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Yamaha RX-V681 review: The Swiss Army knife of AV receivers

A big, blunt, black box that can do it all, the V681 combines a bevy of gotta-have features with seriously potent sound quality.

Ty Pendlebury Editor
Ty Pendlebury has worked at CNET since 2006. He lives in New York City where he writes about streaming and home audio.
Expertise Ty has worked for radio, print, and online publications, and has been writing about home entertainment since 2004. He is an avid record collector and streaming music enthusiast. Credentials
  • Ty was nominated for Best New Journalist at the Australian IT Journalism awards, but he has only ever won one thing. As a youth, he was awarded a free session for the photography studio at a local supermarket.
Steve Guttenberg
Ex-movie theater projectionist Steve Guttenberg has also worked as a high-end audio salesman, and as a record producer. Steve currently reviews audio products for CNET and works as a freelance writer for Stereophile.
Ty Pendlebury
Steve Guttenberg
5 min read

If you're upgrading your home theater, what's your main reason for doing so? Is it to run that new set of power-hungry speakers you bought? Or is it to keep up with the some of the latest audio and video standards?


Yamaha RX-V681

The Good

The Yamaha RX-V681 offers excellent sound quality in a relatively affordable package. Its enticing combination of features includes Dolby Atmos, multiroom music and streaming to Bluetooth headphones. The six HDMI ports support 4K video and HDR sources.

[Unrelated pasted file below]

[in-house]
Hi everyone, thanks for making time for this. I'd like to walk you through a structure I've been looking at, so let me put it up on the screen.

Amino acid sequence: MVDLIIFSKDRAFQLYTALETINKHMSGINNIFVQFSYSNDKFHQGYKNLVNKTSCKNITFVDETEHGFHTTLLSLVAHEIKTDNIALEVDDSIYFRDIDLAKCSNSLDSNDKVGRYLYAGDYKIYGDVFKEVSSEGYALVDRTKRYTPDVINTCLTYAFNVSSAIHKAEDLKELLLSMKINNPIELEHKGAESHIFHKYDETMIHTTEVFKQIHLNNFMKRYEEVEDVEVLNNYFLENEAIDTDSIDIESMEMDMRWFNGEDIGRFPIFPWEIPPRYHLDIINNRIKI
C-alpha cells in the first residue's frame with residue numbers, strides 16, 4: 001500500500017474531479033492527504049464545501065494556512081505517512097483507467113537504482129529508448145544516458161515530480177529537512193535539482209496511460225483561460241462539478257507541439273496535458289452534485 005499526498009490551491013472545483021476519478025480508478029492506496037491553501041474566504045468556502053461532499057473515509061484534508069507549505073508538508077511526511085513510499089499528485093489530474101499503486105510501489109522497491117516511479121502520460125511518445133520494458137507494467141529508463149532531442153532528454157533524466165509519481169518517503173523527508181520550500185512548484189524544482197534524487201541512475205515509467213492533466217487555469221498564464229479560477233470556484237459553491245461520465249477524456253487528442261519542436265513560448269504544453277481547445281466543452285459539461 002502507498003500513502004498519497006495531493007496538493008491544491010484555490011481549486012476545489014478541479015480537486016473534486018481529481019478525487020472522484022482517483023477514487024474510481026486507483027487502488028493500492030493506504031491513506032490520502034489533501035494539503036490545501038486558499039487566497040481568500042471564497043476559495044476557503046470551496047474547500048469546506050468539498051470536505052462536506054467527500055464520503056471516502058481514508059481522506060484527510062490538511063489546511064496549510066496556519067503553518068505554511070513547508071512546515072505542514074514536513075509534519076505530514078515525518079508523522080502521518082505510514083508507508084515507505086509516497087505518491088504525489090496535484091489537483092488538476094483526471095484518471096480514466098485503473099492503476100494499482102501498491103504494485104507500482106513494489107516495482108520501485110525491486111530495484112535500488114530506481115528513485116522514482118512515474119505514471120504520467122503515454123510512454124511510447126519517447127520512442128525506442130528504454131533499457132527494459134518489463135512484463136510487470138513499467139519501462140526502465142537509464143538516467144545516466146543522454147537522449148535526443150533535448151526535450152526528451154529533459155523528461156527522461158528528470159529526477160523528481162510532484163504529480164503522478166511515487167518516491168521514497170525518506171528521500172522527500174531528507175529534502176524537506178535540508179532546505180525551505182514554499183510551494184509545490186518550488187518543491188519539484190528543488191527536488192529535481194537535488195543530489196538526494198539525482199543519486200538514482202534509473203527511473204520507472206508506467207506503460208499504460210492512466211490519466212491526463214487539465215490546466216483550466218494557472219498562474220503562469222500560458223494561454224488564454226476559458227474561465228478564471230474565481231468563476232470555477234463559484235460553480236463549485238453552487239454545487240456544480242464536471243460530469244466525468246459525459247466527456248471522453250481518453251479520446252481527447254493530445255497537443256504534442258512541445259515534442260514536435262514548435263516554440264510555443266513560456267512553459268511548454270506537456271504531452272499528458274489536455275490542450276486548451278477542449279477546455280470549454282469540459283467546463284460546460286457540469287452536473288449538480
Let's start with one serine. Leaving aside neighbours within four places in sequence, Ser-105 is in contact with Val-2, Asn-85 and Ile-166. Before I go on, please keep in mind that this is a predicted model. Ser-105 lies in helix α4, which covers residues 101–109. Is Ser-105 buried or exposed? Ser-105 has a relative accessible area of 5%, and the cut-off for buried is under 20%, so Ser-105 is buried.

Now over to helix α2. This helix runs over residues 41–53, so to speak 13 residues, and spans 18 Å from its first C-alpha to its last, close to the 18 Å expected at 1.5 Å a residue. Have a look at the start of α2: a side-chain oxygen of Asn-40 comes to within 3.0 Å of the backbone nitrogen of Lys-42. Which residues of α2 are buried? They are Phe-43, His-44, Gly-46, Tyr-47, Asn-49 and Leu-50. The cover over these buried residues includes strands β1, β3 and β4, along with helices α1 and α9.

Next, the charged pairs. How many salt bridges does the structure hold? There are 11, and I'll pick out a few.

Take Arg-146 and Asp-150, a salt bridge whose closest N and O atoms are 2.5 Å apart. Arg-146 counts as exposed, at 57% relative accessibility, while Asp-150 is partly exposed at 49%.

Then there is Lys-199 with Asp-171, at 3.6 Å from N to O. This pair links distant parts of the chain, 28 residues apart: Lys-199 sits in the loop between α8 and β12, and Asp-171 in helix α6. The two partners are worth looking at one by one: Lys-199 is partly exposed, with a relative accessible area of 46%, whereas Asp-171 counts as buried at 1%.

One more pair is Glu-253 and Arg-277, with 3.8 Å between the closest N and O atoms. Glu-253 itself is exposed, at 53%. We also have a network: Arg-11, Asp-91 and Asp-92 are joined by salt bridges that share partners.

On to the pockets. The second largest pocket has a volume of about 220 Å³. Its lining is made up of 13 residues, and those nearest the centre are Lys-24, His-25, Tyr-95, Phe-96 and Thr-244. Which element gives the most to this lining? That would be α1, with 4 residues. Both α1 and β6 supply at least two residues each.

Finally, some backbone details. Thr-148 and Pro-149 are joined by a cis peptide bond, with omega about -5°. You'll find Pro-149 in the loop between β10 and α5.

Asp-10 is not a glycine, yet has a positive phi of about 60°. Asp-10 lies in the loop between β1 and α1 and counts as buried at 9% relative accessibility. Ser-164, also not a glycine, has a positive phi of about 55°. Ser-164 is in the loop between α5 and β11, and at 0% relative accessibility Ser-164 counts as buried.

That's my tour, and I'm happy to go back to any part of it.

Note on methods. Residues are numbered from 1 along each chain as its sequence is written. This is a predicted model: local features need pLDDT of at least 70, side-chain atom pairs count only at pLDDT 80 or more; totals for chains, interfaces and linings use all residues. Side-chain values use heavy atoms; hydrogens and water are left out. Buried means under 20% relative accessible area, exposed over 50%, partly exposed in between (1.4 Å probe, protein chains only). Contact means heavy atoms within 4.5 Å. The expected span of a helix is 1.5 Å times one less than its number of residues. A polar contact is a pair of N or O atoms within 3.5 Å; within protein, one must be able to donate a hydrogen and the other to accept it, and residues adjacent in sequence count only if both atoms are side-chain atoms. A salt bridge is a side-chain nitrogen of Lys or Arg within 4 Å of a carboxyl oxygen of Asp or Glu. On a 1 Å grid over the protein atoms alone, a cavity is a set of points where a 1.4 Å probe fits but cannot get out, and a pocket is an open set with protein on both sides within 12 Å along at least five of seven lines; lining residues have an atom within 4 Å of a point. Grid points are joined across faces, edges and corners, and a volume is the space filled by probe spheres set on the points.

The Bad

No Chromecast built-in. The user interface and remote control require a slight learning curve. The Zone 2 speakers have spring clips instead of binding posts.

The Bottom Line

Yet another strong contender from Yamaha, the RX-V681 combines a bevy of gotta-have features with seriously potent sound quality.

The Yamaha RX-V681 can help with both. It supports Dolby Atmos and HDR, two of the latest home-theater standards, and has a number of other goodies including Yamaha's MusicCast multiroom system, six HDMI ports and Bluetooth . It also has plenty of power and excellent overall sound.

With all of the tools in its arsenal, the Yamaha RX-V681 offers some compelling reasons to upgrade, especially compared to cheaper models in the company's range. It's available now in the US for $600, in the UK for £500 or AU$1,300 in Australia.


Sarah Tew/CNET

Many receivers today limit the functionality available from the front panel in order to keep the look minimal. Not the RX-V681. Its face is more cluttered than its competitors' but we didn't mind, especially since it includes handy shortcuts to the most popular inputs. The large LED display is blue and easy to read from across the room.

Ty Pendlebury/CNET

Yamaha's onscreen interface has received a spit-and-polish over previous years. The RX-V681 now boasts a "high definition menu system" but it takes a little getting used to with its up/down and left/right navigation, even for users already familiar with AVRs.

Sarah Tew/CNET

On of the things the company has also "upgraded" in this receiver is the remote. Gone is the "friendly" candy bar, which is replaced by the dreaded "scientific calculator." The rows and rows of lots of tiny buttons, 70 in all, can be a bit daunting. Still, the volume up/down buttons are well placed. But really, just get a Harmony.


Sarah Tew/CNET

If you're trying to decide between the cheaper RX-V481 and the V681, the most obvious difference between them is that only the RX-V681 does the atmospheric, "object-based" formats Dolby Atmos and DTS:X. Essentially, the cheaper receiver is a 5.1 model, or has five amplified channels, while the 681 boasts seven amplified channels. Power per channel gets a small bump from 80W to 90W. While most of the connectors are standard binding posts, we were a little disappointed to see a pair of spring clips for the Zone 2/Presence speakers.

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Sarah Tew/CNET